In today’s FFF Email Update, I have an article about the federal war on telephone privacy, the government program in which certain telephone companies allegedly turned over people’s private telephone records to the feds.
A common bromide among some Americans is: “I don’t care what information about my telephone calls the feds get because I’m not a criminal. As far as I’m concerned, they can do whatever they want to protect me from the terrorists.”
What such innocent naives fail to understand is that there is another factor to consider in the government’s securing of private information about people — blackmail and extortion, either directly or subtly.
Most everyone has a certain ambit of his life that he wishes to keep private, even if it doesn’t involve criminal behavior. This zone of privacy often involves matters that might be very embarrassing if they were released to the public.
Thus, the government’s intrusion into that sphere provides government officials with an inordinate amount of power over the citizenry, for each person knows that if he bucks the feds, the feds could easily retaliate by leaking the private information to some favored journalist. Such being the case, once people realize that the government has such power and such information, the natural tendency becomes to conform and “go along” for fear of retribution for refusing to do so.
Before anyone cries “Conspiracy theory! Conspiracy theory!” let’s not forget that that is exactly how J. Edgar Hoover operated throughout his career as head of the FBI. He had his agents monitor the private activities of other government officials, including the president of the United States, and then retained the information in secret files in his office. If one of those government officials got out of line, for example by trying to get Hoover ousted from office, Hoover would not hesitate to leak a bit of private information about the recalcitrant official to the press. Since other government officials knew that Hoover operated in this way, that influenced how they treated Hoover. Inevitably, conformity was the safe route to follow.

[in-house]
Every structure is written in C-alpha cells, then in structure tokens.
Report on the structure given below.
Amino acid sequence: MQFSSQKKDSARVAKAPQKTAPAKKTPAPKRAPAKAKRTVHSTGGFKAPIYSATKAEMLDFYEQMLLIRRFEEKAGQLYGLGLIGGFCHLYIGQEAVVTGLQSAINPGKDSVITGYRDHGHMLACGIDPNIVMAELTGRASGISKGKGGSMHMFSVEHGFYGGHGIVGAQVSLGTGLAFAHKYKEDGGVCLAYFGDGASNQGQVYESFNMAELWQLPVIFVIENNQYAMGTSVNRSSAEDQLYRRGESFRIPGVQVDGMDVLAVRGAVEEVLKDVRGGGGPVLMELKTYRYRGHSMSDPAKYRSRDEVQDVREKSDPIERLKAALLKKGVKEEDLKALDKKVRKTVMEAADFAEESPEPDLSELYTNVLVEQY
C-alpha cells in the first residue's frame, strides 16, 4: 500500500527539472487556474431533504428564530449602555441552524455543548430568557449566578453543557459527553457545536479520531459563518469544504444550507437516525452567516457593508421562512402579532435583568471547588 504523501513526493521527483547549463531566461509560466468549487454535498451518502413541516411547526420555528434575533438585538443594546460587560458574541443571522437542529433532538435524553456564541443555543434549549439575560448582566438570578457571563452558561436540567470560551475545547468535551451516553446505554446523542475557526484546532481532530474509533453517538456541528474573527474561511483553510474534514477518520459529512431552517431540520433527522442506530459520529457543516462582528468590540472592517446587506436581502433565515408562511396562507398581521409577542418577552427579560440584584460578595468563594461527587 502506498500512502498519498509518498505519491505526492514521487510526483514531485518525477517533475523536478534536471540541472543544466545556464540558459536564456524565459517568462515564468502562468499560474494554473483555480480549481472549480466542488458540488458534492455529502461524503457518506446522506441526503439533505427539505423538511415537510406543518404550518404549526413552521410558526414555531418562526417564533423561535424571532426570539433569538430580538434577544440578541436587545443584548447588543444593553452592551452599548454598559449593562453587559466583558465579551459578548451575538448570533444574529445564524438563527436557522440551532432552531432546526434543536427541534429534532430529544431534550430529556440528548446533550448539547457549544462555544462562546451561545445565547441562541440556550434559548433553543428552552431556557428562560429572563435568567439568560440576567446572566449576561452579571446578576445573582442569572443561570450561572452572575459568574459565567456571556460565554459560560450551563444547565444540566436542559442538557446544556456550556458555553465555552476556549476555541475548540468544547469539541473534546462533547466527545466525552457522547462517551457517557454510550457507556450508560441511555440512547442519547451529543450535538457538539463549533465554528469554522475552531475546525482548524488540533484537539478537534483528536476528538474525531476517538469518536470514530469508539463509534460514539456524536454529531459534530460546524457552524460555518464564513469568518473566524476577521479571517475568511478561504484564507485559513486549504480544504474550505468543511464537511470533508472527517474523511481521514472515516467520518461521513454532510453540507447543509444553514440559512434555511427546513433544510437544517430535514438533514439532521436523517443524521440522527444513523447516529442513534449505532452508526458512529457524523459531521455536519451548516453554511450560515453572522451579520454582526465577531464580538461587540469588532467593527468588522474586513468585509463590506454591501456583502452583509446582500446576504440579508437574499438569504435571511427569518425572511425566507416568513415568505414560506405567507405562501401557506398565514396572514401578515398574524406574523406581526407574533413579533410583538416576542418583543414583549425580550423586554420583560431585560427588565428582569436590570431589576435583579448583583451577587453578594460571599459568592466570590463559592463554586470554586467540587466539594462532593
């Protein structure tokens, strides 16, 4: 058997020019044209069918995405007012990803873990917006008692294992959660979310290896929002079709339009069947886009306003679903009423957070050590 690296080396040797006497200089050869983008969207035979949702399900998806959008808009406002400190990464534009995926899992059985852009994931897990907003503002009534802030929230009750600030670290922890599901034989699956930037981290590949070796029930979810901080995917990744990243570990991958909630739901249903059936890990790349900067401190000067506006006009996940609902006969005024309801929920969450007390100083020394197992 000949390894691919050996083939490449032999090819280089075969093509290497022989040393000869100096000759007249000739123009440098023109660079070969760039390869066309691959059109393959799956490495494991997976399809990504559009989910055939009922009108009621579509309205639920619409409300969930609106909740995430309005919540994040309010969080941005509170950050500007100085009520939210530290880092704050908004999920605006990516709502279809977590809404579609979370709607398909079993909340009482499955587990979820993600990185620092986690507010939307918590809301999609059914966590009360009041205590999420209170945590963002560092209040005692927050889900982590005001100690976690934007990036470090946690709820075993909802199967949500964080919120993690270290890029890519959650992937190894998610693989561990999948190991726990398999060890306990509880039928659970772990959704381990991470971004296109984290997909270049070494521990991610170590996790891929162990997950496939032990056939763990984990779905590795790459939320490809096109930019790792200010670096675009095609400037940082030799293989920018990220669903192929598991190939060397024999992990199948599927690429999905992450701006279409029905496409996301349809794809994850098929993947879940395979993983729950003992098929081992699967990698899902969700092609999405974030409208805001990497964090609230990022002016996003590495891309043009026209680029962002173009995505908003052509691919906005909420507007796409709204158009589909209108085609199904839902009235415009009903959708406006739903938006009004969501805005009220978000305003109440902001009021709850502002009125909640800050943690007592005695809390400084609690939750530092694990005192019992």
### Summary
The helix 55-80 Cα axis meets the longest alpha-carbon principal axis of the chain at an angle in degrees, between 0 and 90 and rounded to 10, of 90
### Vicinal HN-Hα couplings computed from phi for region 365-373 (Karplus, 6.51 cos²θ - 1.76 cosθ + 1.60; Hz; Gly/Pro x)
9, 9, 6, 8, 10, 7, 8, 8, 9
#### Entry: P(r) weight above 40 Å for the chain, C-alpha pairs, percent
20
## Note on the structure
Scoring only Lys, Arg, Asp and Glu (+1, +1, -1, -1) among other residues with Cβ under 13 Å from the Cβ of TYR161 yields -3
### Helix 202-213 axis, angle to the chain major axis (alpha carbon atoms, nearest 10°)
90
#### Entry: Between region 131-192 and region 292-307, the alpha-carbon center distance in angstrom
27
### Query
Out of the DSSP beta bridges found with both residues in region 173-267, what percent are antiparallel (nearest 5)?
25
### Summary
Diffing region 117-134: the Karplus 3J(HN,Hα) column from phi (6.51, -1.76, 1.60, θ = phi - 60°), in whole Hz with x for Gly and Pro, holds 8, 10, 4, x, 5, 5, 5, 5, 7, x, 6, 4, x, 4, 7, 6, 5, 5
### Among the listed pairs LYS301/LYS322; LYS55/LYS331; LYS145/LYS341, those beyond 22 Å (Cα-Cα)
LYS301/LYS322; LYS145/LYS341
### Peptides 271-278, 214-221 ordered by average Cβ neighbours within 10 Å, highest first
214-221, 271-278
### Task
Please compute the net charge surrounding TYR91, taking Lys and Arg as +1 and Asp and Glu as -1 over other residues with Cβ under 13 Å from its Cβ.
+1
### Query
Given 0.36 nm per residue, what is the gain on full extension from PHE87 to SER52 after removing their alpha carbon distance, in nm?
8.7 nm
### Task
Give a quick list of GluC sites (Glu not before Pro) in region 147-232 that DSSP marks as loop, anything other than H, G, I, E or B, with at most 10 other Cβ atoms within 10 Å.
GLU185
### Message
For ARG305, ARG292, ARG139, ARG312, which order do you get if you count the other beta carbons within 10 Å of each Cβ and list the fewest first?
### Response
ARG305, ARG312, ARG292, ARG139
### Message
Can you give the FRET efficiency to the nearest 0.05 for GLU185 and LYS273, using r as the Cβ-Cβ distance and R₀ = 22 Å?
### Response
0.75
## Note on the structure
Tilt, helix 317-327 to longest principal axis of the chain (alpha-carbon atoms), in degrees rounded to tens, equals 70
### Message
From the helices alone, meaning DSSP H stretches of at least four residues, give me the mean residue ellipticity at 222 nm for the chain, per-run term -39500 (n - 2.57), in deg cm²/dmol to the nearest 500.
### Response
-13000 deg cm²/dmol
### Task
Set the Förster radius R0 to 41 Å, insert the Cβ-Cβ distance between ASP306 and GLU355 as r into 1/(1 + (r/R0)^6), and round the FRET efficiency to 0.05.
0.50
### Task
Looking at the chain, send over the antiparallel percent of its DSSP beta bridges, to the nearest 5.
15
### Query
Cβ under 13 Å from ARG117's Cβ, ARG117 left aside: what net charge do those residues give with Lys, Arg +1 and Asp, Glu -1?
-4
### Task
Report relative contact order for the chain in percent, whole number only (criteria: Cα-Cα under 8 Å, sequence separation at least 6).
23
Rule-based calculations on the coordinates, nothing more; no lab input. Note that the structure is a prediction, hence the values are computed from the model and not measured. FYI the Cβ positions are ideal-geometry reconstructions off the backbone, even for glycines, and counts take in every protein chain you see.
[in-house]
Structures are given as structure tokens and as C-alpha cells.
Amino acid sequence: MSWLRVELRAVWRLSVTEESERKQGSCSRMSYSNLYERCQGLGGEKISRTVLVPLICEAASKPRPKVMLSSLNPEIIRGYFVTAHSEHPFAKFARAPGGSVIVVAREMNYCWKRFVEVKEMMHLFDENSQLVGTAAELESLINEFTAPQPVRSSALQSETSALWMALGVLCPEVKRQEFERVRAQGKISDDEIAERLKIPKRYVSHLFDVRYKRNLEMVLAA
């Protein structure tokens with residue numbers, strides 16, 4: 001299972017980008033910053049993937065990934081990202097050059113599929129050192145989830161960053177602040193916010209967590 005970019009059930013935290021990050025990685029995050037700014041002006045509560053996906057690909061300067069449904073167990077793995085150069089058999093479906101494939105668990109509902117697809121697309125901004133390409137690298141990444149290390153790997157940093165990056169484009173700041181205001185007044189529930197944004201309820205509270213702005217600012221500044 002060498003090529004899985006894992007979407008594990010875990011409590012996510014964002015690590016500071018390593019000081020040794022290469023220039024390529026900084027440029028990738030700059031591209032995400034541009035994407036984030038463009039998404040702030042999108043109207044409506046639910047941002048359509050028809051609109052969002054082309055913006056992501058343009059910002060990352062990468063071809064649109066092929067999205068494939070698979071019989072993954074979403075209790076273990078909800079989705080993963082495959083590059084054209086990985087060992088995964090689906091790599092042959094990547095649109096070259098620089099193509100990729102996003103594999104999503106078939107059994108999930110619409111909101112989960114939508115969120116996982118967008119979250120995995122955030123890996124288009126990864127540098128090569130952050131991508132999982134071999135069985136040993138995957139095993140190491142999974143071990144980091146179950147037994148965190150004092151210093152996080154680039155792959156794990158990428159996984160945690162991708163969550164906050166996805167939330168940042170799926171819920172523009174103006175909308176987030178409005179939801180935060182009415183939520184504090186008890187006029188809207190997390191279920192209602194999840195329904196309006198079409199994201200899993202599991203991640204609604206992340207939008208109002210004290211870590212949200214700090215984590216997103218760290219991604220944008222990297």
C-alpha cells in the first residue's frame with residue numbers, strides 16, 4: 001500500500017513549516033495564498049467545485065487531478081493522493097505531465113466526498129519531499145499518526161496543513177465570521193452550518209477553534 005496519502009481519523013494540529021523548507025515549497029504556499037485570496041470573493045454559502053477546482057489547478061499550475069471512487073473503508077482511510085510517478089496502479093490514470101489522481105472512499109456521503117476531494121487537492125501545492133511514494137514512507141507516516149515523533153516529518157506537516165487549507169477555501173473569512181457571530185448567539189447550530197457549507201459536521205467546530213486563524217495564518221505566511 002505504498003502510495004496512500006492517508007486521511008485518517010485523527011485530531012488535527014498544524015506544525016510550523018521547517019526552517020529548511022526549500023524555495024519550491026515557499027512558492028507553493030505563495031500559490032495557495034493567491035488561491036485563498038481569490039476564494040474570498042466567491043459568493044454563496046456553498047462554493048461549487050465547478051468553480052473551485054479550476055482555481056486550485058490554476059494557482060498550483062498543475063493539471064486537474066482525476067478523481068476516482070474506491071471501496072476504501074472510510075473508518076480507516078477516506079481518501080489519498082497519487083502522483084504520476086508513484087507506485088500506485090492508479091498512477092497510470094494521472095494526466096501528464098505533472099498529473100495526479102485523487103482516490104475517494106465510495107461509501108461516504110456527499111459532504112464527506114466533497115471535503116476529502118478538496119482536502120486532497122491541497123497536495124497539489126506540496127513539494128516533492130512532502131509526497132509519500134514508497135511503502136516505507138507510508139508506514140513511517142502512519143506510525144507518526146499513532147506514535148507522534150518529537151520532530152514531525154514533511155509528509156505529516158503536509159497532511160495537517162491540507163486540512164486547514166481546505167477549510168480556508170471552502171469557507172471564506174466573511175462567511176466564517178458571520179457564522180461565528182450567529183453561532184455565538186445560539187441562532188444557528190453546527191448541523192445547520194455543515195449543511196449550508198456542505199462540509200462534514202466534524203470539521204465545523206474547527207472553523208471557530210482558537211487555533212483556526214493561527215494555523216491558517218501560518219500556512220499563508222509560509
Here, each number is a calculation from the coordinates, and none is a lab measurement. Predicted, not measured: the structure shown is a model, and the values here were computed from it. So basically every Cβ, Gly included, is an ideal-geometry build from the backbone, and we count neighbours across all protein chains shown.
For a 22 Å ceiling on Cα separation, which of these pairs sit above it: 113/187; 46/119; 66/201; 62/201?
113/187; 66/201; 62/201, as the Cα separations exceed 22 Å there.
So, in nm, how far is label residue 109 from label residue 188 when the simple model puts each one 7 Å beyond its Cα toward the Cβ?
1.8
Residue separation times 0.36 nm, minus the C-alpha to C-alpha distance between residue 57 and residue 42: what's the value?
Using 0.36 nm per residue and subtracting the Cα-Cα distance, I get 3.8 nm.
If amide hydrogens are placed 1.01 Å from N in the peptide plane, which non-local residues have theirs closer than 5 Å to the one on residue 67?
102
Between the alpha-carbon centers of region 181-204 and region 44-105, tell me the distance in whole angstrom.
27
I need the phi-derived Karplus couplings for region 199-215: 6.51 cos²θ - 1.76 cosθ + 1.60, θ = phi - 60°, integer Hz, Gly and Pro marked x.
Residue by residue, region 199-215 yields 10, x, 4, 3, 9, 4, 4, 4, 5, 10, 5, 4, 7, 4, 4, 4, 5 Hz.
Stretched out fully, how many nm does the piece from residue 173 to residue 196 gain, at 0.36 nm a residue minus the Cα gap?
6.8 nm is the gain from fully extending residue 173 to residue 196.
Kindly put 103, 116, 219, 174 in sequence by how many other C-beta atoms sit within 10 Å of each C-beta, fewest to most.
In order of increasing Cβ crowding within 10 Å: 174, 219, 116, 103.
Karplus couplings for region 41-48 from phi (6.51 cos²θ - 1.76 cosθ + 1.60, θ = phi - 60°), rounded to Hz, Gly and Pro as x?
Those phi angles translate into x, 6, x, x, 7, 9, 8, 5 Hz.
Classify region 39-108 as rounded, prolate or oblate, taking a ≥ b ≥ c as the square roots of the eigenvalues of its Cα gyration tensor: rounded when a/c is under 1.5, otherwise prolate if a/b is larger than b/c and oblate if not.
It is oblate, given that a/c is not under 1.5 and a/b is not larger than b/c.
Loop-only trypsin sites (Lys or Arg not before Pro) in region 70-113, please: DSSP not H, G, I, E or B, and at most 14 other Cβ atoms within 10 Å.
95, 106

What was Hoover’s official rationale for monitoring the private lives of other government officials and compiling such personal information? You got it! “National security” and the “communist threat.”
Would U.S. officials today do the same thing that Hoover did with information acquired from the telephone companies? Make no mistake about it — absolutely! For one, many of them were trained under Hoover, and they still idolize him. More important, most U.S. officials have the same mindset about terrorism that Hoover had about communism. They honestly believe that America is engaged in a war that could result in the terrorist conquest of America. They have convinced themselves that anything goes in the “war on terror.” The standard government mindset is: In the war on terror, you’re either with us or against us.
What’s important to note in all this is that government officials don’t even have to blackmail anyone overtly. Once people discover that the government might have violated their own individual spheres of privacy and might now have files on what they have said, expressed, and done in their private lives, the tendency is to become a nice, compliant, conformed sheeplings, fearful that otherwise government agents will leak the embarrassing personal information they have acquired to the press.
Hopefully, American will rise above any fears of federal blackmail, extortion, and retaliation and demand a dismantling of the federal “war on terror,” along with all the horror it has spawned, including torture and sex abuse, rendition, wars of aggression, illegal occupations, Gitmo and Abu Ghraib, warrantless searches, indefinite detentions, kangaroo military commissions, denial of due process and jury trials, and the securing of private telephone records of the American people. The day that government officials fear the people more than the people fear the government will be the day we regain our freedom, privacy, security, and well-being.